Take the 2-minute tour ×
User Experience Stack Exchange is a question and answer site for user experience researchers and experts. It's 100% free, no registration required.

One of the problems in a tabular representation of data, is text wrapping inside cells. There are some options available, like:

  1. Fixing the width of the columns, and enlarging the rows height to encompass all of the text.
  2. Letting columns fit the contents width by stretching each column and stretching table container
  3. Letting columns fit the contents width by stretching each column and putting scroll on the table container
  4. Fixing the width of columns and height of rows, and hiding the portion of text which is overflown.
  5. Fixing the width of columns and height of rows, but letting the cells have scroll inside them.

And many other available options. But each of these options prove to be inadequate in some UI scenarios. For example, when you work in a web page, you shouldn't let your table take as much width as it wants. Thus, you should limit the width of your table. On the other hand, sometimes you have to show a long text (2 paragraphs for example) in a cell. You can hide the overflow portion. But there are still other times when you really need to show almost everything.

We're trying to create a web application in which a big amount of heterogenuous data should be represented in tabular format. We want to limit and fix our design to 960px width, and we have a sidebar also. Therefore, we don't have more than 700px for our tables and grids. We can't decide which approach is the best approach for formatting our data in tables.

Does anyone know of a good UI and UX research about the best practices of formatting HTML tables, regarding text wrapping? Do you have any experience that can help?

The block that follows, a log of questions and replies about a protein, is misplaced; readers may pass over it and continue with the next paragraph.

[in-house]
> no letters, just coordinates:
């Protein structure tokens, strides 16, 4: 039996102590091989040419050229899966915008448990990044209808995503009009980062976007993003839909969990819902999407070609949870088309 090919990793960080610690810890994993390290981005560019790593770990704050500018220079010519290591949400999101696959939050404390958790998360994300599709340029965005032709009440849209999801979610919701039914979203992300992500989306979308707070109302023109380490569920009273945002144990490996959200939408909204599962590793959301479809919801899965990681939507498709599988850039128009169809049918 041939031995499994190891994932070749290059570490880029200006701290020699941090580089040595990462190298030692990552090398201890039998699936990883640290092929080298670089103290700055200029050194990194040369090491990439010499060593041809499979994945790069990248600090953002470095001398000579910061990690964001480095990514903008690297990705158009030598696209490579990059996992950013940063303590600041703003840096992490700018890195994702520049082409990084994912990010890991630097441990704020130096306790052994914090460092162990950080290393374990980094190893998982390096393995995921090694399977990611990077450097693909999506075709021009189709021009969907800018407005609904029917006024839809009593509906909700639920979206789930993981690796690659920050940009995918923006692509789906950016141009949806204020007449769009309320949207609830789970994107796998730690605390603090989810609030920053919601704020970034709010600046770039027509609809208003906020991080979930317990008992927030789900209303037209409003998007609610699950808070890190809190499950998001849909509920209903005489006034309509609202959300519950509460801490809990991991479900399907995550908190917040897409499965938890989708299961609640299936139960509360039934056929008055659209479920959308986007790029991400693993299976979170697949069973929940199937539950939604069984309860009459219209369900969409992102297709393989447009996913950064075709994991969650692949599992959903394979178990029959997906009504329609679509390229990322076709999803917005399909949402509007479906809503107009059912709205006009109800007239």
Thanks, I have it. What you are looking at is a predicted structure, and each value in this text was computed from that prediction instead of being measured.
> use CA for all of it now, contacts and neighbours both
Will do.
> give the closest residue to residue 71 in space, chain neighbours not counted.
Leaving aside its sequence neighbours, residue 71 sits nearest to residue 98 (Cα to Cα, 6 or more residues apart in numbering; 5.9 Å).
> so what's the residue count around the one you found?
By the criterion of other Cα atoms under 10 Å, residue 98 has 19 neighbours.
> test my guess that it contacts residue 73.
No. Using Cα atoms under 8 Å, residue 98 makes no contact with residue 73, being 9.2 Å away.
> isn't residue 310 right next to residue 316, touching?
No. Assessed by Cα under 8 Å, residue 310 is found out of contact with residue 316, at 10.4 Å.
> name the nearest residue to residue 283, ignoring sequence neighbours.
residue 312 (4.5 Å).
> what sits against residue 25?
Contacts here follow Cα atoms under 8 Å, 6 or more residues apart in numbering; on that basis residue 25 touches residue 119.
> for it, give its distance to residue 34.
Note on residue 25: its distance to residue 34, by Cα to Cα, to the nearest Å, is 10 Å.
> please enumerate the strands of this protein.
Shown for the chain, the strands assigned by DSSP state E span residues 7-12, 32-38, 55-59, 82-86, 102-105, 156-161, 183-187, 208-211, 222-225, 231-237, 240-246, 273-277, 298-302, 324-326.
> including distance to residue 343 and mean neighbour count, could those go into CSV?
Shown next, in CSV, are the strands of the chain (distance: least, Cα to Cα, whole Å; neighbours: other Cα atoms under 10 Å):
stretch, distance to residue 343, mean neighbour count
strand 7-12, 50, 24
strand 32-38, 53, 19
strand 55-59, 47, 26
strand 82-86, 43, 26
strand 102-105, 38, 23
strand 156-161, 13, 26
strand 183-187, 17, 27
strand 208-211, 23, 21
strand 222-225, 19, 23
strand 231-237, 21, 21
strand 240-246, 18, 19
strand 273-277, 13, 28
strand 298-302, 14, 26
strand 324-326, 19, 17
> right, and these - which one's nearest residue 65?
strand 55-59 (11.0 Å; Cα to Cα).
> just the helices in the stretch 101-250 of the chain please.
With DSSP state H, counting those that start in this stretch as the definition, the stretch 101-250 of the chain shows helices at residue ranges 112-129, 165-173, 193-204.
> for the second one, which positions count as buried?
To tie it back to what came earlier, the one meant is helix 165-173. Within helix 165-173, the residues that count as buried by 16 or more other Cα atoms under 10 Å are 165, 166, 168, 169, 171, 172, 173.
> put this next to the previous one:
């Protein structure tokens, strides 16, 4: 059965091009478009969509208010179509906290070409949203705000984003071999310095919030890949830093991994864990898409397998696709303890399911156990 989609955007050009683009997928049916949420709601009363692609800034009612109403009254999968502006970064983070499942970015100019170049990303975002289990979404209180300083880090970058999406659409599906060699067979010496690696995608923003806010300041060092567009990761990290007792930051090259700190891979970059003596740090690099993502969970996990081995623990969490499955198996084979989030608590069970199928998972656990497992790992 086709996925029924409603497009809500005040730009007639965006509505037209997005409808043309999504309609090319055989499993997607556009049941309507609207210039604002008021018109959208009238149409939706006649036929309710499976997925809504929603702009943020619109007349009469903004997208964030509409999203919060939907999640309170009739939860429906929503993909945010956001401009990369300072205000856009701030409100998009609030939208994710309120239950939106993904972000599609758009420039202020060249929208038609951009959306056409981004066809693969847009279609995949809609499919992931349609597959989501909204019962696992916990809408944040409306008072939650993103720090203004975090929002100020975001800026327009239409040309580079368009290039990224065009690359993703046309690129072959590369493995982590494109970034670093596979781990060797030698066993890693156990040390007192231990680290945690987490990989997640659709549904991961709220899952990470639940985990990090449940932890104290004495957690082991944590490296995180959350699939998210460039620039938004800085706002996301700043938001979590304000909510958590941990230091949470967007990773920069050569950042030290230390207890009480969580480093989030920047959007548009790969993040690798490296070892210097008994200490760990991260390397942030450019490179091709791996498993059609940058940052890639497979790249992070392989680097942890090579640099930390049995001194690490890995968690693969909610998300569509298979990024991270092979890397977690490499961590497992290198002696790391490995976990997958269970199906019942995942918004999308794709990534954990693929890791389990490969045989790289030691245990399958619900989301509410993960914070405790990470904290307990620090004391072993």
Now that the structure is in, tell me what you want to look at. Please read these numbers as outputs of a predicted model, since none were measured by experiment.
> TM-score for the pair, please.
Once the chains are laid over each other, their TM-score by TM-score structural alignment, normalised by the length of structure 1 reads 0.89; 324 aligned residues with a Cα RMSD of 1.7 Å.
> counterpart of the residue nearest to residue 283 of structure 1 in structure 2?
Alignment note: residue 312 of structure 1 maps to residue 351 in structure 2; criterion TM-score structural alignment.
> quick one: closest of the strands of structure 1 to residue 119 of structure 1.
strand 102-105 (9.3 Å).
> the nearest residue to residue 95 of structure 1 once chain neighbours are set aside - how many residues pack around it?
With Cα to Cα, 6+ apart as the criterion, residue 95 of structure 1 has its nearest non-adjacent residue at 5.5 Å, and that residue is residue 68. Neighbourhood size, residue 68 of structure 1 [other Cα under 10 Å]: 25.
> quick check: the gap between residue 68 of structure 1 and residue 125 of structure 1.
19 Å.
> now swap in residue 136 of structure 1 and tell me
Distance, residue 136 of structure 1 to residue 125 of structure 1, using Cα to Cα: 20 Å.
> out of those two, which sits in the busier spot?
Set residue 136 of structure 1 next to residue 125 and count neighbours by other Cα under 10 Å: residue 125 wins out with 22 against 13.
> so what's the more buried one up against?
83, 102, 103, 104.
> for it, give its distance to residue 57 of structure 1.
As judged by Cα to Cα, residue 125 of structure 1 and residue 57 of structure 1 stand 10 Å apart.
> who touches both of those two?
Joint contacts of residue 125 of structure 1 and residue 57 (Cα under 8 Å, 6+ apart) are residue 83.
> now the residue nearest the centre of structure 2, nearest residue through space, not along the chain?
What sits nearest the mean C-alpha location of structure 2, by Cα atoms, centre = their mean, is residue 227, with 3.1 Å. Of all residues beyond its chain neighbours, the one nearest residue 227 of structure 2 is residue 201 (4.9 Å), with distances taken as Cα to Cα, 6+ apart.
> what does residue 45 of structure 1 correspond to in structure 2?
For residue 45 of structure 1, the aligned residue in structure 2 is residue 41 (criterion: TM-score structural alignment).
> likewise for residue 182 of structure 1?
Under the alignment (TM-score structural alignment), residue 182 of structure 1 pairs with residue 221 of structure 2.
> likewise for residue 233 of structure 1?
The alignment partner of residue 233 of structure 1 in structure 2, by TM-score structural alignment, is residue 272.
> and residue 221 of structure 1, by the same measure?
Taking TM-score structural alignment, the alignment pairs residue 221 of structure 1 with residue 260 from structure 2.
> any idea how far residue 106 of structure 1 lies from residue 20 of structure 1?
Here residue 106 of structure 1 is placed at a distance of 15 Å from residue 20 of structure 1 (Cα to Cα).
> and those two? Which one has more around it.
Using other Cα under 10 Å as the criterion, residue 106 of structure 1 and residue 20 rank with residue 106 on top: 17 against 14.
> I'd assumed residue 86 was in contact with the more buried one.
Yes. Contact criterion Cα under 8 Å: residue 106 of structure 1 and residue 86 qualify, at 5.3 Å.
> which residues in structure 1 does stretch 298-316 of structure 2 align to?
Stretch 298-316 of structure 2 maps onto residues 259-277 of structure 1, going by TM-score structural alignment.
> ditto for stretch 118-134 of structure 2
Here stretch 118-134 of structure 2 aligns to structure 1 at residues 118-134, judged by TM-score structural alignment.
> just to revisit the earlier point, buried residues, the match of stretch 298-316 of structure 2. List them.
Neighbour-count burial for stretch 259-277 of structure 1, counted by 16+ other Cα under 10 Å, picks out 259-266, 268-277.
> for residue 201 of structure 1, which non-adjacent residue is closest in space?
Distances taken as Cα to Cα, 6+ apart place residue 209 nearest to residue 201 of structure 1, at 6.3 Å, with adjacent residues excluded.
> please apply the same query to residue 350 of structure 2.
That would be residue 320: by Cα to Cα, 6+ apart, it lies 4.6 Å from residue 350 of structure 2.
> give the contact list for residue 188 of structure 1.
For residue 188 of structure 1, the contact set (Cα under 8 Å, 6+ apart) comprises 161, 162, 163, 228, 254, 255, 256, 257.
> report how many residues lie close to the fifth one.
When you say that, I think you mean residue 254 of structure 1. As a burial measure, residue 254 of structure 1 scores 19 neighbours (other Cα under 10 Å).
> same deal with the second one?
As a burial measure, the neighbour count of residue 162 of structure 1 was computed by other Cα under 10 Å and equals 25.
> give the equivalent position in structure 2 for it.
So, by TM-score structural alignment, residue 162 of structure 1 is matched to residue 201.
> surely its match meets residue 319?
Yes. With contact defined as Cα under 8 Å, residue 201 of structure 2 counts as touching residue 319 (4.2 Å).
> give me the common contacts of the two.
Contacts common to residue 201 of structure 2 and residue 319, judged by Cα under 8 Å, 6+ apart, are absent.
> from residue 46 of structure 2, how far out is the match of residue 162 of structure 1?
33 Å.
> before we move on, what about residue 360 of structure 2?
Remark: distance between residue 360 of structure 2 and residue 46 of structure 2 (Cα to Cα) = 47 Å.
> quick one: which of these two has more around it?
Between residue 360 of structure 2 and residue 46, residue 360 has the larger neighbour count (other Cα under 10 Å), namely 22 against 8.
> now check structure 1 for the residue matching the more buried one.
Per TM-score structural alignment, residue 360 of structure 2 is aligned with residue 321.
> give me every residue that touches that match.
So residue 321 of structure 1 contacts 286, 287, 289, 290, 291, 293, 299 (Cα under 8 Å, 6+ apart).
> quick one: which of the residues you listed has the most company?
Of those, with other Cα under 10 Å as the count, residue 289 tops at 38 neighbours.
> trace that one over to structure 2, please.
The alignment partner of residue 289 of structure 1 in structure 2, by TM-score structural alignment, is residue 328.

share|improve this question
add comment

1 Answer

There's no one ideal way of handling this problem. Like many user experience matters, it's an issue of choosing the best compromise for your use case.

Let's consider the five options in order:

1. Fixing column width and enlarging rows

This works well if the user needs to compare two fields for a particular entry (row) rather than the same field in two different entries. Fixing the columns means the table never exceeds the pageview. But it makes it harder to quickly scan a column.

2. Stretchable table widths

This is fine so long as you aren't likely to exceed the width of the page, or if it doesn't matter that the user only sees one side of the table at once. Constant horizontal scrolling is awkward and to be avoided.

3. Scrollable tables

Not an attractive solution. It's hard to scroll horizontally (many users now rely on purely up/down scrollwheels), and your user won't be able to use keyboard scrolling unless the table is in focus.

4. Hiding overflows

Again, not great. Only acceptable if the user is unlikely to need to see the whole contents of long entries to glean semantic information.

5. Scrolling cells

Difficult to implement nicely, looks messy, and users can't scroll without putting cells in focus.

Another option: Secondary Disclosure

There is, however, another option.

'Secondary disclosure' means 'not showing full entries at first glance'. There are several ways to achieve secondary disclosure. You might, for example, show only a brief summary in each table row, but when the user clicks each entry, it 'opens' in an 'accordion' fashion, showing full details.

This works well when the user is unlikely to need to scan rows and read the full cell entry at the same time. In a way, it's a method that combines the best of options one and two. But the disadvantage is that users can't see a full entry at a glance. You may decide that, given the usecase, this is an acceptable limitation.

share|improve this answer
    
Another secondary disclosure option is to show a tooltip of the full text of a cell when hovered over (using the title attribute), but this isn't well suited for mobile as there's no direct hover action. Usually tapping your finger works the same, but it also activates a click event which may cause other behavior, and it's even less discoverable. –  Ben Brocka Oct 15 '11 at 13:11
add comment

Your Answer

 
discard

By posting your answer, you agree to the privacy policy and terms of service.

Not the answer you're looking for? Browse other questions tagged or ask your own question.